raged between Spain and France. Eventually the European situa-
tion forced a sort of alliance between the two ancient rivals,--an
alliance which did not prove a lasting one in all respects.
Exactly one year after Arriola's visit to Biloxi, on March 23,

French Intrusion and English Menace

1701, the French foreign minister, Pontchartrain," informed the
court of Madrid of the official attitude of France toward the
Pensacola region.1" In a letter to the Duc d'Harcourt, French
ambassador to Spain, Pontchartrain declared that France had
originally been interested in the region merely as a possible com-
mercial outpost and as a desirable southern outlet for Canada.
But, he continued, Iberville had discovered in the course of his
investigations and explorations that the English were cherishing
aggressive designs in that direction. Although he fully recognized
the necessity of checking this English threat, Iberville wished to
retain the friendly co-operation of Spain in a situation which
vitally affected the interests of both nations. For this reason, said
Pontchartrain, he had sent a map of the region and an accompany-
ing memorial to the French government; these Pontchartrain was
now transmitting to the Spanish crown as an evidence of good
faith.76 In his memorial Iberville told of the rising power of the
English colonies. He emphasized the danger that threatened
France and Spain in this rising power and in its proved disposition
to penetrate into the Gulf hinterland. In conclusion, Iberville's
memorial suggested that it would be better for Spain to abandon
the expensive and profitless Pensacola venture and to cede the
port to the French, whose arms were more capable of defending
it against the English.
Was Iberville sincere in his protestations of friendship for the
Spaniards? He was not, if a letter written by him to Pontchar-
train on June 29, 1699 be accepted as credible evidence. In this
letter he does not confine his comments to the Pensacola region,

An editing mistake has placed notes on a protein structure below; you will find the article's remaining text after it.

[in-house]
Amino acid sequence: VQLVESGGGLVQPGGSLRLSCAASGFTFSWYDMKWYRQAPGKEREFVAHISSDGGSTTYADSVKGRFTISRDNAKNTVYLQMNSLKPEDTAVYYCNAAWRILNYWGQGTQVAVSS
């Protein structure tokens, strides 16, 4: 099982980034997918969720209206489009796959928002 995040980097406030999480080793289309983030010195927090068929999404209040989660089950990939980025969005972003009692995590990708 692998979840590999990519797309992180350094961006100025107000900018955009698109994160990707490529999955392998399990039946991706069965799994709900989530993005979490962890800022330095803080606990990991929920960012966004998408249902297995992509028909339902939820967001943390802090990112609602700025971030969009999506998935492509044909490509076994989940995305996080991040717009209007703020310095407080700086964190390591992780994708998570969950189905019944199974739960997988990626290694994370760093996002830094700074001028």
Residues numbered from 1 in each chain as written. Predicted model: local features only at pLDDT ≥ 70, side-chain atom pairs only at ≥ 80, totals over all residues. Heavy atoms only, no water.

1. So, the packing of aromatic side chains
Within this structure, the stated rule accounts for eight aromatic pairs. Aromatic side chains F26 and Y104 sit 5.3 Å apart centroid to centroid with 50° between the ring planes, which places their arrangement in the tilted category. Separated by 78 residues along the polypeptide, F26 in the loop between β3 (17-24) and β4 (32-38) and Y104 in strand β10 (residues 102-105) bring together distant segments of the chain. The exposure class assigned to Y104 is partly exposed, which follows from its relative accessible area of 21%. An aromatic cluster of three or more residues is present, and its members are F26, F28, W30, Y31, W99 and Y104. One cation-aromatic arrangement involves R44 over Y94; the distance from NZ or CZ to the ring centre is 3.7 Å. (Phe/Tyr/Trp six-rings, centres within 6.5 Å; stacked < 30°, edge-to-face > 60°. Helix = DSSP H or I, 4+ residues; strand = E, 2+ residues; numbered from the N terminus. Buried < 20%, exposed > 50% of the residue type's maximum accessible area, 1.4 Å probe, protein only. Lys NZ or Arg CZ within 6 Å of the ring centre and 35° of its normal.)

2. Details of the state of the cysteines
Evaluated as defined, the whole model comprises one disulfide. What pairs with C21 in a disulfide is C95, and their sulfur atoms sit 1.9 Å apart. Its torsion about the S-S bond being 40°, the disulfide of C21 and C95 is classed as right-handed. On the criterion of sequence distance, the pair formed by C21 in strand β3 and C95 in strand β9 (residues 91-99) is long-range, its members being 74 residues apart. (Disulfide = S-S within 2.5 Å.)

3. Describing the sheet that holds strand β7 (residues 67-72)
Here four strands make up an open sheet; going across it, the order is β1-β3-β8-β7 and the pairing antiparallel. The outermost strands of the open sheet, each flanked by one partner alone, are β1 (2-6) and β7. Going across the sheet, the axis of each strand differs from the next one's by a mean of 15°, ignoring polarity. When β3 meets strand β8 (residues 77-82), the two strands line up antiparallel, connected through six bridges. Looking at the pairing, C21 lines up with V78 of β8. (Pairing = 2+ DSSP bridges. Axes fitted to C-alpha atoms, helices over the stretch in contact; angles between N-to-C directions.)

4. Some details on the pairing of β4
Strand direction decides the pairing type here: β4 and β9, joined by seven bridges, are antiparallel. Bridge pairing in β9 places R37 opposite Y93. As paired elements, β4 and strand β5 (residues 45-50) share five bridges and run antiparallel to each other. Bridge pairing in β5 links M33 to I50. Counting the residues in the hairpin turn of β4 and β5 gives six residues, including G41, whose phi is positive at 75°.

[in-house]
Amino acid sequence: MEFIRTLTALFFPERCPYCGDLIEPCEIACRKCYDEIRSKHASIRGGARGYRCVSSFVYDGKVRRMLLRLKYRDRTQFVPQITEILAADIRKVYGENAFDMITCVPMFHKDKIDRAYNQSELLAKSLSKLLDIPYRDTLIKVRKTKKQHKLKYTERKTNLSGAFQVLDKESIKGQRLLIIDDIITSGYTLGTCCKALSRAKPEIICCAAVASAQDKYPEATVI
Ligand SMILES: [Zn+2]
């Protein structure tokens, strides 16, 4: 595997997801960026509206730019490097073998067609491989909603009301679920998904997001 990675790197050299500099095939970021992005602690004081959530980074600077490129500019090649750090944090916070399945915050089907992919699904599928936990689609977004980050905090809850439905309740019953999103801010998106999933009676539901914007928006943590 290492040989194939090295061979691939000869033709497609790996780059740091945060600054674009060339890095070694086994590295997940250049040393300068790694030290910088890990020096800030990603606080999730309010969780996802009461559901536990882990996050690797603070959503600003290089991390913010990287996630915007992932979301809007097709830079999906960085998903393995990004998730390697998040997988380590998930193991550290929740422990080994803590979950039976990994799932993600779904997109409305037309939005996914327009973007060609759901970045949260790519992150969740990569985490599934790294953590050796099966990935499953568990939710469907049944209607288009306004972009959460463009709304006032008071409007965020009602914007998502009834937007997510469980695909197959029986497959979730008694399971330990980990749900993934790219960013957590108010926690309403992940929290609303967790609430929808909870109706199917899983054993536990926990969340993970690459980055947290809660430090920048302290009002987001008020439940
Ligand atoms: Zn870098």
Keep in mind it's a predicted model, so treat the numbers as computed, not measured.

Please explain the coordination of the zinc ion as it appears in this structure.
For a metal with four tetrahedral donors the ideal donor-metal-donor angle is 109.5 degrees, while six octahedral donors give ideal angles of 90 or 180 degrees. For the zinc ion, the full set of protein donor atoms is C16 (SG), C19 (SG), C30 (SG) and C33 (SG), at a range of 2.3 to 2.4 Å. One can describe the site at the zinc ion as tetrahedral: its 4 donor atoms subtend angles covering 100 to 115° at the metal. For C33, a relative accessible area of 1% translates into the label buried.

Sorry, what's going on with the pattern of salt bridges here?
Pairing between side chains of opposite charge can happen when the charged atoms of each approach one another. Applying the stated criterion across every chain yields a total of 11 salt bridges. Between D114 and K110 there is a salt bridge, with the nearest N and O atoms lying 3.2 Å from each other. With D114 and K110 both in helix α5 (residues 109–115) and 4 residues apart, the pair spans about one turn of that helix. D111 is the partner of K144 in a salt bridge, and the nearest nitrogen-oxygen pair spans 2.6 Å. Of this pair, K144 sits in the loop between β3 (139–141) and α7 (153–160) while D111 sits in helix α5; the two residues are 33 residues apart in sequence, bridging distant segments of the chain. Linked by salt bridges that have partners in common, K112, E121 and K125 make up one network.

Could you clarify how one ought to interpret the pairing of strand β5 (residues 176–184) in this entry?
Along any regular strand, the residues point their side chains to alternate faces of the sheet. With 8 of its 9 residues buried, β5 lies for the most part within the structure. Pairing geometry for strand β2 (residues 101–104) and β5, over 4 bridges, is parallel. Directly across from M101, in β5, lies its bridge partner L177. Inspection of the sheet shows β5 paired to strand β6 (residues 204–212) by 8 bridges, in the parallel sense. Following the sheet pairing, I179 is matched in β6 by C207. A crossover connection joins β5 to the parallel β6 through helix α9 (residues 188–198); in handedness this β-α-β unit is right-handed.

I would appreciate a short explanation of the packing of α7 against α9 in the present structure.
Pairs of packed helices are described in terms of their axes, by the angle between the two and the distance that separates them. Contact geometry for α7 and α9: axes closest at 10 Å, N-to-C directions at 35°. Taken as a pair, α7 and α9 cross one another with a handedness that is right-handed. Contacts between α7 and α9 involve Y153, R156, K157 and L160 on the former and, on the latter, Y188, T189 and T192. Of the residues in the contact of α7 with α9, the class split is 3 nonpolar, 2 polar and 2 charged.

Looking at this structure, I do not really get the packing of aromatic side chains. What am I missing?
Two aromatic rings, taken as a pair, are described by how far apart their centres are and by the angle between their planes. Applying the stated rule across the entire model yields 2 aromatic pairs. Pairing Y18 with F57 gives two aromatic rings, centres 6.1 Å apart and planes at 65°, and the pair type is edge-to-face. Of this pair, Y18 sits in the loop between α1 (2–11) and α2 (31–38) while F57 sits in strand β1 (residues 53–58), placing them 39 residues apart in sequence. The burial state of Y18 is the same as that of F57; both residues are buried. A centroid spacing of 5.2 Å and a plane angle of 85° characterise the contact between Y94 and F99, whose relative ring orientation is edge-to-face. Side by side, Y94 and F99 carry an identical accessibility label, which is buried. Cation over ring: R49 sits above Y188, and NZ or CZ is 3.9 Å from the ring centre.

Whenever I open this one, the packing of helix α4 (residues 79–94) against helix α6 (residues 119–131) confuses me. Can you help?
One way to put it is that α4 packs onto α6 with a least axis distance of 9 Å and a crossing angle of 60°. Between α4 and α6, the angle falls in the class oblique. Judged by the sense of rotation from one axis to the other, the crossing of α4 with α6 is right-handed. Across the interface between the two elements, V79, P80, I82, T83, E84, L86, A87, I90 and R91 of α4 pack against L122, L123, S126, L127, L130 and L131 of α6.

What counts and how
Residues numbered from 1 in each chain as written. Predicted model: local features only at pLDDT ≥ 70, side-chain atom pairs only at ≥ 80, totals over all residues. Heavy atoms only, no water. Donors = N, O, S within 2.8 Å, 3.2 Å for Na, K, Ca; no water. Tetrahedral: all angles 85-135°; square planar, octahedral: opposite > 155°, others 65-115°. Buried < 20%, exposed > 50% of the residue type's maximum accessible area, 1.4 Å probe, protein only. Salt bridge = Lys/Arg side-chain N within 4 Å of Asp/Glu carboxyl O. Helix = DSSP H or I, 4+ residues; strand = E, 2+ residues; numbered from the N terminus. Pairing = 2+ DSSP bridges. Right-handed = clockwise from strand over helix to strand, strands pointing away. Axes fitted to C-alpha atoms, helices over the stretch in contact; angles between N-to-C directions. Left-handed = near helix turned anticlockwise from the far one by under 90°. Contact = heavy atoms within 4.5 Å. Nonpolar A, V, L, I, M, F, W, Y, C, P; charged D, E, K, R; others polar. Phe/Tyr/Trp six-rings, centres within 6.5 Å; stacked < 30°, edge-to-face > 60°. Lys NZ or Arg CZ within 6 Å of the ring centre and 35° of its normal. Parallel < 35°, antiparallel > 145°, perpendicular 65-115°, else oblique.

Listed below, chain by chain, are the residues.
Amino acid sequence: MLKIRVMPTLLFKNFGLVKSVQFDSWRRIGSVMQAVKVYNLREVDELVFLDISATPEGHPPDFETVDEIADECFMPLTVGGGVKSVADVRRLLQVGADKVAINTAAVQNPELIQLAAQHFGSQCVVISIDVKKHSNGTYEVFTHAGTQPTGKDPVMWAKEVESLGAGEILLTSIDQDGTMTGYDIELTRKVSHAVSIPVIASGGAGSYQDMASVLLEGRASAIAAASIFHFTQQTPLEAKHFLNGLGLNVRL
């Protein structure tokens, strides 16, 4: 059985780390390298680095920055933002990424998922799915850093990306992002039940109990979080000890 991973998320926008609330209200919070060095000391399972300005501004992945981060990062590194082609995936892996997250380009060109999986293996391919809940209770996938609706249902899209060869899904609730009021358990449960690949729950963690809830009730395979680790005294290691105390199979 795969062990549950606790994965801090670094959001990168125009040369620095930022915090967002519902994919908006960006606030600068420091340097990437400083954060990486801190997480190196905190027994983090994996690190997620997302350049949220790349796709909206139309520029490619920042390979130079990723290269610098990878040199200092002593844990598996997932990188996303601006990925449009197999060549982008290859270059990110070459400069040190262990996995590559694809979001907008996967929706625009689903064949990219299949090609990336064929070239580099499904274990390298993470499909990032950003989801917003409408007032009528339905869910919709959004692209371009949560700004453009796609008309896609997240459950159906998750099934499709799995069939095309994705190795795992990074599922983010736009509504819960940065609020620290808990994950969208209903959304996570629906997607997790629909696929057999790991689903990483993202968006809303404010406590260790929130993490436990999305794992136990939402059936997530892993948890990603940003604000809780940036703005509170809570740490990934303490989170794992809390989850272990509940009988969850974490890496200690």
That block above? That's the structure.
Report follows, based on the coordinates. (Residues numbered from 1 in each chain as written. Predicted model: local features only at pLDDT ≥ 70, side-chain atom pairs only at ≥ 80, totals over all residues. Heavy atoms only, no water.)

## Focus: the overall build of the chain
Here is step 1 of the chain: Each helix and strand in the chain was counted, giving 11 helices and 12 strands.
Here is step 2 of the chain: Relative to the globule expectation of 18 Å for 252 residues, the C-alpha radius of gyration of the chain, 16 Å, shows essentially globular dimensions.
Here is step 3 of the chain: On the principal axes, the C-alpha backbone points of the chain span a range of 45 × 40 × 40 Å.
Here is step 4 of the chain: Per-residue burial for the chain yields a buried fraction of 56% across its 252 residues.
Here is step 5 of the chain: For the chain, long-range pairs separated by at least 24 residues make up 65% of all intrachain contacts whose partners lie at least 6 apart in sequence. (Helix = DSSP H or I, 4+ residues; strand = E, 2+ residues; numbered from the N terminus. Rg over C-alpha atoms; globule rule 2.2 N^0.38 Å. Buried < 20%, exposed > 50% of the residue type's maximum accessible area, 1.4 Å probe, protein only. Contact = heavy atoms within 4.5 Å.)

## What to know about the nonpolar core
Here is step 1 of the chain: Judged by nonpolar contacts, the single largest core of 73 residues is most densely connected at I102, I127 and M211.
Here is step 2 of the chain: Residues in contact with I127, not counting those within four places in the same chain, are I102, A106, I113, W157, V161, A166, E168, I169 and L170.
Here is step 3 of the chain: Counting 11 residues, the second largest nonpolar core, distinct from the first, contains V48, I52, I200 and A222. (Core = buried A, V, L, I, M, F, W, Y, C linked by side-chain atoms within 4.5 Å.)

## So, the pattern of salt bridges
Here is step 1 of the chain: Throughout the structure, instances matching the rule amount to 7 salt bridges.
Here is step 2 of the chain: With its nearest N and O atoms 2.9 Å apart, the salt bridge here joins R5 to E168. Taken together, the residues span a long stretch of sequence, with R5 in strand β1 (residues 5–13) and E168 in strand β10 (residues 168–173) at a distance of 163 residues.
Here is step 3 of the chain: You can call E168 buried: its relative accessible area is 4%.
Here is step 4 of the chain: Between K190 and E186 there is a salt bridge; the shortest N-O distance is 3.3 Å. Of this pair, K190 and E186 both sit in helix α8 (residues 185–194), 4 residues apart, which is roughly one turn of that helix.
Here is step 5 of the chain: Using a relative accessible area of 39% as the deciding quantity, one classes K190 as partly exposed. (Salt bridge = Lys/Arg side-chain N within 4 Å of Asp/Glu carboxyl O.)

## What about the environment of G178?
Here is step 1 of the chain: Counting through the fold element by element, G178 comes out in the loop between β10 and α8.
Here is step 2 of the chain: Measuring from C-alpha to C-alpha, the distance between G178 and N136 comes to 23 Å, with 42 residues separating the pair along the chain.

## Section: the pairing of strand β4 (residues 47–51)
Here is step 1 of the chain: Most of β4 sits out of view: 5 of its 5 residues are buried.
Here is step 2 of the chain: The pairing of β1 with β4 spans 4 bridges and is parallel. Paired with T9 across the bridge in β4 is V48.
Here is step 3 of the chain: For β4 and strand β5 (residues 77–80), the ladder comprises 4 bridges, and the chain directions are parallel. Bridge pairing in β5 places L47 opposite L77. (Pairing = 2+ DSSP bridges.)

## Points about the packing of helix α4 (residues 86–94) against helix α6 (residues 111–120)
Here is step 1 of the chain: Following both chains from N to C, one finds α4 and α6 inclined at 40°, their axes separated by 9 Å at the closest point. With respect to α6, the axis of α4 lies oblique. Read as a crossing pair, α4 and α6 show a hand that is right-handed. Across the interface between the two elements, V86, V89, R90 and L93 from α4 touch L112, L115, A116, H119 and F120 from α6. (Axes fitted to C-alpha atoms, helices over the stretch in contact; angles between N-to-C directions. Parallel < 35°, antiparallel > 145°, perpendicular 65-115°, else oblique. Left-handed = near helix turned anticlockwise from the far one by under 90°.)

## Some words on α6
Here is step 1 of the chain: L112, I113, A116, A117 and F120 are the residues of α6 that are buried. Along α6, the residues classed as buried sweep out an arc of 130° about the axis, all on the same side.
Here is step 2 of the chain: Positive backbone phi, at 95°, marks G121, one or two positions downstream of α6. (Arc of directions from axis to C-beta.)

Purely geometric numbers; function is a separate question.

but suggests the possibility, if not the advisability, of a French
thrust into New Mexico and even into the mining regions of
Mexico itself." That the intercolonial diplomacy of the three
rival powers was of a pretty tricky sort is further indicated in a
message sent by Viceroy Galve to the Consejo de Indias in 1695,
and by it transmitted to the king, then Charles II. In view of the

Son of the preceding minister of the same name.
"A translation of Pontchartrain's letter is found in Mexico, 61-6-22.
Margry, IV, 543-550.
"Ibid., IV, 126.

French Intrusion and English Menace

general hostility existing between England and Spain at this time,
it is most revealing to discover in this document the viceroy of
New Spain proposing to His Most Catholic Majesty a union of
the arms of Spain with those of the heretical Anglo-Dutch mon-
arch, William III, "para exterminar de la America la Naci6n
Francesa!",8 Perhaps Iberville was no worse than his times.
On February 1, 1701, word came to Spain, and was transmitted
to the Junta de Guerra, that Arriola had discovered the French
settlement at Biloxi and that general dissatisfaction prevailed at
Pensacola."9 In spite of, or perhaps because of, this unfavorable
news, the Junta de Guerra, upon its receipt of the Pontchartrain
letter and the Iberville memorial, held a meeting on June 6, 1701,
to consider what should be done so far as the Pensacola region was